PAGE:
The Eichler homes, designed by Jones & Emmons and Claude Oakland, and built from 1963 through 1967, are typically low-slung and unpretentious, but atypically well-preserved both individually and as a group. Styles are varied, but harmonious. The homes that most stand out, perhaps because their peaks echo the hills beyond, are the dramatic gable models, whose bold designs feature two peaked roofs bracketing an atrium. About 130 homes in the neighborhood are ranch-style homes by another developer.
Houses are arrayed on gently curving streets that make for easy biking by both kids and adults, and are shaded by a forest primarily of live oaks, bays, and buckeyes.
The neighborhood is even more remarkable at night, when it becomes one of the few urban locations in the Bay Area where you can actually see stars. Eichler banned not just utility poles but streetlights, wanting nothing to soar above his rooftops except trees.
Afternoons, however, are the best time to see Lucas Valley in action. You'll see golden retrievers ambling out of driveways, and kids walking or bicycling home from school, the famous kindergarten-through-fifth grade Dixie School. This is one neighborhood where children play freely out of doors, though parents warn them to beware of traffic during "getting-off-work time."
The school, more even than the residential architecture, draws people to the neighborhood. "Dixie School is an extraordinary school and people want to come there," says Hunter.
As in many mid-century modern communities, people here collect George Nelson clocks and restore their homes. But it's family more than '50s fetishism that cements friendships.
Jon Krotinger and Torri Campbell moved to Lucas Valley because they were looking for a nice neighborhood for their daughter Anna. Only then did they fall in love with the architecture. "I'd never seen anything like it," Krotinger says. "We used to joke that we were looking for a house that is both cozy and spacious. We used to joke, that can't be. But that's exactly what this is."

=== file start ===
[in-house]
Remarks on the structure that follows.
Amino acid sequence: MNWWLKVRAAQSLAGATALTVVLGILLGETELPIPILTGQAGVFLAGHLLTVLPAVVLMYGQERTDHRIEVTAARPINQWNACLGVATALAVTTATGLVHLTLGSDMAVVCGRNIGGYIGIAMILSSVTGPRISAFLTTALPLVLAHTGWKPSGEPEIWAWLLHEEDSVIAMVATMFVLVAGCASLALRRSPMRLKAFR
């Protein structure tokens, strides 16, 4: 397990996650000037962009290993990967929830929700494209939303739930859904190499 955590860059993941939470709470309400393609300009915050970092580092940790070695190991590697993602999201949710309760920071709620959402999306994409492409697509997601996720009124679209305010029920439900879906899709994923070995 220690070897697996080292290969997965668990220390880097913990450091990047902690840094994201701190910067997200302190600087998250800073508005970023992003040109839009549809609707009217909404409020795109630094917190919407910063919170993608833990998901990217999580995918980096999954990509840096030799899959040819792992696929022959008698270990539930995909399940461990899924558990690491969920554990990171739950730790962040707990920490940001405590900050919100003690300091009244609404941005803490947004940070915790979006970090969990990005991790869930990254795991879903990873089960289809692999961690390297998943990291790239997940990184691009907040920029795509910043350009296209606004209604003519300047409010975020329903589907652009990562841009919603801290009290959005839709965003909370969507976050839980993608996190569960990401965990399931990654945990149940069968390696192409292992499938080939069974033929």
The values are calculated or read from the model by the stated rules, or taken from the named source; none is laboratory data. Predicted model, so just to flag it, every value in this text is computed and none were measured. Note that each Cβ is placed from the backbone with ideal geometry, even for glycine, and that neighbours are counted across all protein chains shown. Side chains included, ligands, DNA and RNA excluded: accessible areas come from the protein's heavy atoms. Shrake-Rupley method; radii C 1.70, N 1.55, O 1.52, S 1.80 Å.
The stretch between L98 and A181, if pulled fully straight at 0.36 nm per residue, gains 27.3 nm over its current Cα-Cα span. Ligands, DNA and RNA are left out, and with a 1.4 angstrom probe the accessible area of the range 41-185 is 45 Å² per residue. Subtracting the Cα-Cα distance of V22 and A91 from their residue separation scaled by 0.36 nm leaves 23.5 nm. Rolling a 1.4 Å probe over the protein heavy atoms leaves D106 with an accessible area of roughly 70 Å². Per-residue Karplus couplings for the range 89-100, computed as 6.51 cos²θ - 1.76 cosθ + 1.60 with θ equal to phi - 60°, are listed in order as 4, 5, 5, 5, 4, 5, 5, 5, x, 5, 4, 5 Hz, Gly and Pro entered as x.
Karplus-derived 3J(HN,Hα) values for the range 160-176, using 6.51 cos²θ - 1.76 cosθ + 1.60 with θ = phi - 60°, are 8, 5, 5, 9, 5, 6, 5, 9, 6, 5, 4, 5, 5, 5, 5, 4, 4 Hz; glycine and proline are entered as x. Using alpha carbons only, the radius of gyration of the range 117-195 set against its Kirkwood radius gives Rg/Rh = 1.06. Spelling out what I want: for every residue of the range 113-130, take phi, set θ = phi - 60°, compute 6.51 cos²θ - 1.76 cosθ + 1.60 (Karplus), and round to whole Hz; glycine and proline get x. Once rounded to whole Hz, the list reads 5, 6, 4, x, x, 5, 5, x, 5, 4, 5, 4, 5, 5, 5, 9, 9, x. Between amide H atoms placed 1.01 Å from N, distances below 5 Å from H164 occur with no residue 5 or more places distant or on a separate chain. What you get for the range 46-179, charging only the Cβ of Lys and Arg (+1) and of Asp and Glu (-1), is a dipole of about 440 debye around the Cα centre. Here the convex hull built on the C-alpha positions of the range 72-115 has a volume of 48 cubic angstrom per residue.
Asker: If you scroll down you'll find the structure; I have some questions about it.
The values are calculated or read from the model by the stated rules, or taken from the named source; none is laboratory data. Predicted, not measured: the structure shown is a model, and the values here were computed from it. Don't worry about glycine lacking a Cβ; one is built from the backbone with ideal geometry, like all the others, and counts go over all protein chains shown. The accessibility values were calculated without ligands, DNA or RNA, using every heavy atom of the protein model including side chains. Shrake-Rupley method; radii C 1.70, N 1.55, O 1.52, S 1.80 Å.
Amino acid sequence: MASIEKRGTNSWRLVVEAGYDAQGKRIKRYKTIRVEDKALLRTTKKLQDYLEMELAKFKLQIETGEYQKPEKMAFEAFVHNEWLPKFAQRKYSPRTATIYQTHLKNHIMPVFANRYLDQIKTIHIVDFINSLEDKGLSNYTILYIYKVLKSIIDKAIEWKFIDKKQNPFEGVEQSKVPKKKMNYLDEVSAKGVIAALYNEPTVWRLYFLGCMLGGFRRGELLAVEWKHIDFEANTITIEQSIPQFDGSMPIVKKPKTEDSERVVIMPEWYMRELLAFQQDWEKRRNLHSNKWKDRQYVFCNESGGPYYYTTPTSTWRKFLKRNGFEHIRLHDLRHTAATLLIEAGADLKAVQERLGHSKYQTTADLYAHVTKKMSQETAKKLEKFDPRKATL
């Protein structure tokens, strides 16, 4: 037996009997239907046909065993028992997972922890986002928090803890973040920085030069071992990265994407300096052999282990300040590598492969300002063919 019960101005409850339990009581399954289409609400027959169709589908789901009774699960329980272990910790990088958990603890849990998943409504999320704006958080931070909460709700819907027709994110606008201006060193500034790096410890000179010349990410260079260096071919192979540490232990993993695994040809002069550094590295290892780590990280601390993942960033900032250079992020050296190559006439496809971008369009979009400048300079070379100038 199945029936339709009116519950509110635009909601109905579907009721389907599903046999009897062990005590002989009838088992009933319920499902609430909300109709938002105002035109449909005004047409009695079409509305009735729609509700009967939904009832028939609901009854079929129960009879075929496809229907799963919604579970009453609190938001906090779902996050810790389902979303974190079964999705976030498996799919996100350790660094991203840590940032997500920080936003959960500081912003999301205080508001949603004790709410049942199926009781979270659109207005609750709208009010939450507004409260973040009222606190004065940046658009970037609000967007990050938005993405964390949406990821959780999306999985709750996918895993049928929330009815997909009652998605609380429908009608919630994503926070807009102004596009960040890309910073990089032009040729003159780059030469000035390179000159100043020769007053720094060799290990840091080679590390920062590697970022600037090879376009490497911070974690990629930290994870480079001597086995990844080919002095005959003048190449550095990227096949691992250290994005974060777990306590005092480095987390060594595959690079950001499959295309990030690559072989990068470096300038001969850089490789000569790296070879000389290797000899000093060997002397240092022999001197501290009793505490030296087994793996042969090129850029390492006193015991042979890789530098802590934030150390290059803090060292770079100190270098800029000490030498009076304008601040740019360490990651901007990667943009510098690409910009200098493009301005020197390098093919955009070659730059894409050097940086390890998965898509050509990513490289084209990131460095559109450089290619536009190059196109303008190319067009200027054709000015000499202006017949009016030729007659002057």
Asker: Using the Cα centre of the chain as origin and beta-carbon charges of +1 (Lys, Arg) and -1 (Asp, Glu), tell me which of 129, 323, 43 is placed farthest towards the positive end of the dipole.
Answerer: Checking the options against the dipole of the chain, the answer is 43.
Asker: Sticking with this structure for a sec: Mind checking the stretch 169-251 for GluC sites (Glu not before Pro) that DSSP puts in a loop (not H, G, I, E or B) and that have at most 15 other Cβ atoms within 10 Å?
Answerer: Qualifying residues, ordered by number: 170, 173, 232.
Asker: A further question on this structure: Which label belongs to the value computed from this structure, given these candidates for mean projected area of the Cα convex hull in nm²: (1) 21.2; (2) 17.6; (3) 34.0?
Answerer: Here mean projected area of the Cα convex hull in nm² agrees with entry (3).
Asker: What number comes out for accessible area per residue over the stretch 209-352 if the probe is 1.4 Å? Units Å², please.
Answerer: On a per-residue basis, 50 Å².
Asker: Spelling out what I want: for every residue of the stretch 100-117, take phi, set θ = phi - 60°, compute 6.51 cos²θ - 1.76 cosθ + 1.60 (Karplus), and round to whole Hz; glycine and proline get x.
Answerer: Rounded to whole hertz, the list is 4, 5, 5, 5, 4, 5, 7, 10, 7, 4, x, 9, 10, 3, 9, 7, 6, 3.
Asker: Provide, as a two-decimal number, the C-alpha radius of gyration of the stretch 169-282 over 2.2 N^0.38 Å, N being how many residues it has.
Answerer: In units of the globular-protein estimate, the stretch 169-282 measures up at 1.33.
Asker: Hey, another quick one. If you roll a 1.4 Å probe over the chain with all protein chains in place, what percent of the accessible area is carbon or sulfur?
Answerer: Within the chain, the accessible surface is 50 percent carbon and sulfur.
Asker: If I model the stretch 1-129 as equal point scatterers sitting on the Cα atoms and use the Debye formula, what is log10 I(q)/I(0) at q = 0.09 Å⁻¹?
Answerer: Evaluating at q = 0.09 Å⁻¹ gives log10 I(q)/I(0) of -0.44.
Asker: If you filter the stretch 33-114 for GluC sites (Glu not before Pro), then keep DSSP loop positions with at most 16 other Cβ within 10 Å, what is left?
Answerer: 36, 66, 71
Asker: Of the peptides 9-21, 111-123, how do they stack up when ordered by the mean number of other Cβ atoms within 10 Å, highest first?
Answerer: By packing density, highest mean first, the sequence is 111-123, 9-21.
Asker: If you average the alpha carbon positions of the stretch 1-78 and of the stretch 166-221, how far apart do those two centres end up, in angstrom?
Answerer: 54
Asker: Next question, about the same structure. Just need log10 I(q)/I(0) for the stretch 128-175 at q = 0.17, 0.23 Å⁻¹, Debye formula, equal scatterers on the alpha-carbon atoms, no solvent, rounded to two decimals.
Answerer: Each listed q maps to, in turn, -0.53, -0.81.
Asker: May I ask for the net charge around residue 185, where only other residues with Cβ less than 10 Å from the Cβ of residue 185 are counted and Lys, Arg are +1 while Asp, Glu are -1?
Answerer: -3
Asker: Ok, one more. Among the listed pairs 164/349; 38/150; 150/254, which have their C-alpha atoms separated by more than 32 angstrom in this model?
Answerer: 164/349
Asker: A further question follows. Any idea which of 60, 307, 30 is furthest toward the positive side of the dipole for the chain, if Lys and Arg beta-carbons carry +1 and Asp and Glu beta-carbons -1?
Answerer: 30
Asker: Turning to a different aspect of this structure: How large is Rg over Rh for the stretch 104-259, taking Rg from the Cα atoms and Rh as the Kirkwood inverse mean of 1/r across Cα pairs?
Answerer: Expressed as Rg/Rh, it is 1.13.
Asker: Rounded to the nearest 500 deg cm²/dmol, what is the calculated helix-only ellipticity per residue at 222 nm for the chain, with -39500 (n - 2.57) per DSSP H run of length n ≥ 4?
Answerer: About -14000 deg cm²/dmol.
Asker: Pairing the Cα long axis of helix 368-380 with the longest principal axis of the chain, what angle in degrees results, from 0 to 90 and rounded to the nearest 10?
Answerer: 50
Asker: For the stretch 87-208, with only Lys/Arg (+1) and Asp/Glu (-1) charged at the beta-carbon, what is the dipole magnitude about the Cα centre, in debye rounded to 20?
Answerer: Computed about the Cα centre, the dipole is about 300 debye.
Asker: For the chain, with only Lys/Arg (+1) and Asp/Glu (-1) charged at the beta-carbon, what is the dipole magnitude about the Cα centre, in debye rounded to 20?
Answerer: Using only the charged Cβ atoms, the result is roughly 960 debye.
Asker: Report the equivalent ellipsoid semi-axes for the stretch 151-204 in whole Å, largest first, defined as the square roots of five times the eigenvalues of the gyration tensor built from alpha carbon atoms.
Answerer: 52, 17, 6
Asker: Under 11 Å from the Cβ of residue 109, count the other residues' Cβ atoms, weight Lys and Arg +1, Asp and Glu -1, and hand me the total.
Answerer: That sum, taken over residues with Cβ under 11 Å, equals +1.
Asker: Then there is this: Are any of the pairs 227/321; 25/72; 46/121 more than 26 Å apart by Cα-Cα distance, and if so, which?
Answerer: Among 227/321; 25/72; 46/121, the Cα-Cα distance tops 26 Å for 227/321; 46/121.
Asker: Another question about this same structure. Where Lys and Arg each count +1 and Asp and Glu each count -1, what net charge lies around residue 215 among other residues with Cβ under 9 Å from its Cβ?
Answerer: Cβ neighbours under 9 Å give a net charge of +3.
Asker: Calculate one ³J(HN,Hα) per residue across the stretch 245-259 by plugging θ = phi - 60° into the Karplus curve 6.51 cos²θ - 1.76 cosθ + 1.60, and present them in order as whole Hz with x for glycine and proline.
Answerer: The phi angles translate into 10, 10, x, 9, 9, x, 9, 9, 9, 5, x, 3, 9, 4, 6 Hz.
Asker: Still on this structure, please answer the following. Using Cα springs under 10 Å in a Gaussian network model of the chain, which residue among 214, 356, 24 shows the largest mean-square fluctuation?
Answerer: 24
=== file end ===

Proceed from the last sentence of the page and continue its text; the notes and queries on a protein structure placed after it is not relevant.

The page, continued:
Folks get to know each other through Dixie School and the youth swim team, the Lucas Valley Lightning, the tennis club, and other activities, many centered on the heavily-used community center, also built by Eichler. Hunter's daughter swims for the Lightning, as did his wife a generation ago. Like all parents, the Hunters are deeply involved as volunteers. Their rewards include community barbecues, friendships.
"There is extraordinary community unity," Munson says. "People support the schools, the little league, the swim team, blood drives. The size of Upper Lucas Valley is the perfect village size."
Besides the community center and its pool, the homeowners association's recreational facilities include tennis courts, hillside trails, other landscaped areas, and the stables. The result, Hunter says, is a fair amount of community feeling—though nothing like he knew in his hometown of New Orleans. "I'm from the South," he says. "We had front porches that were open to the streets and you saw your neighbors walking by. Here people have to find other ways to get involved."
For Marinoff, in 1963, getting involved was easy. As he tells the story, all the area had for fire protection was "one wildland grass engine with one guy." So, he says of the neighborhood, "We did something."
Marinoff and about 20 neighbors formed a volunteer fire department, raising funds door by door for coats and boots. Marinoff fought fires for 15 years—including years when "we had an arsonist or two loose so we had a lot of fires in the hills." Neighbors also created County Service Area 13, a special district created by the county to provide fire protection, and established a tax to pay for added fire protection. The agency contracts with the nearby Marinwood Fire Department for fire protection and San Rafael for paramedic service.
Neighbors also created their own cable TV system, thanks in part to Eichler's desire to avoid what Marinoff calls "the god-awful" rooftop antennas that marred most neighborhoods at the time. Eichler laid underground TV lines and set up two community antennas. The homeowners association later replaced them with a satellite dish in the hills. The association runs the cable system, with rates that are far lower than the competition. They also offer bargain rates on fast Internet access.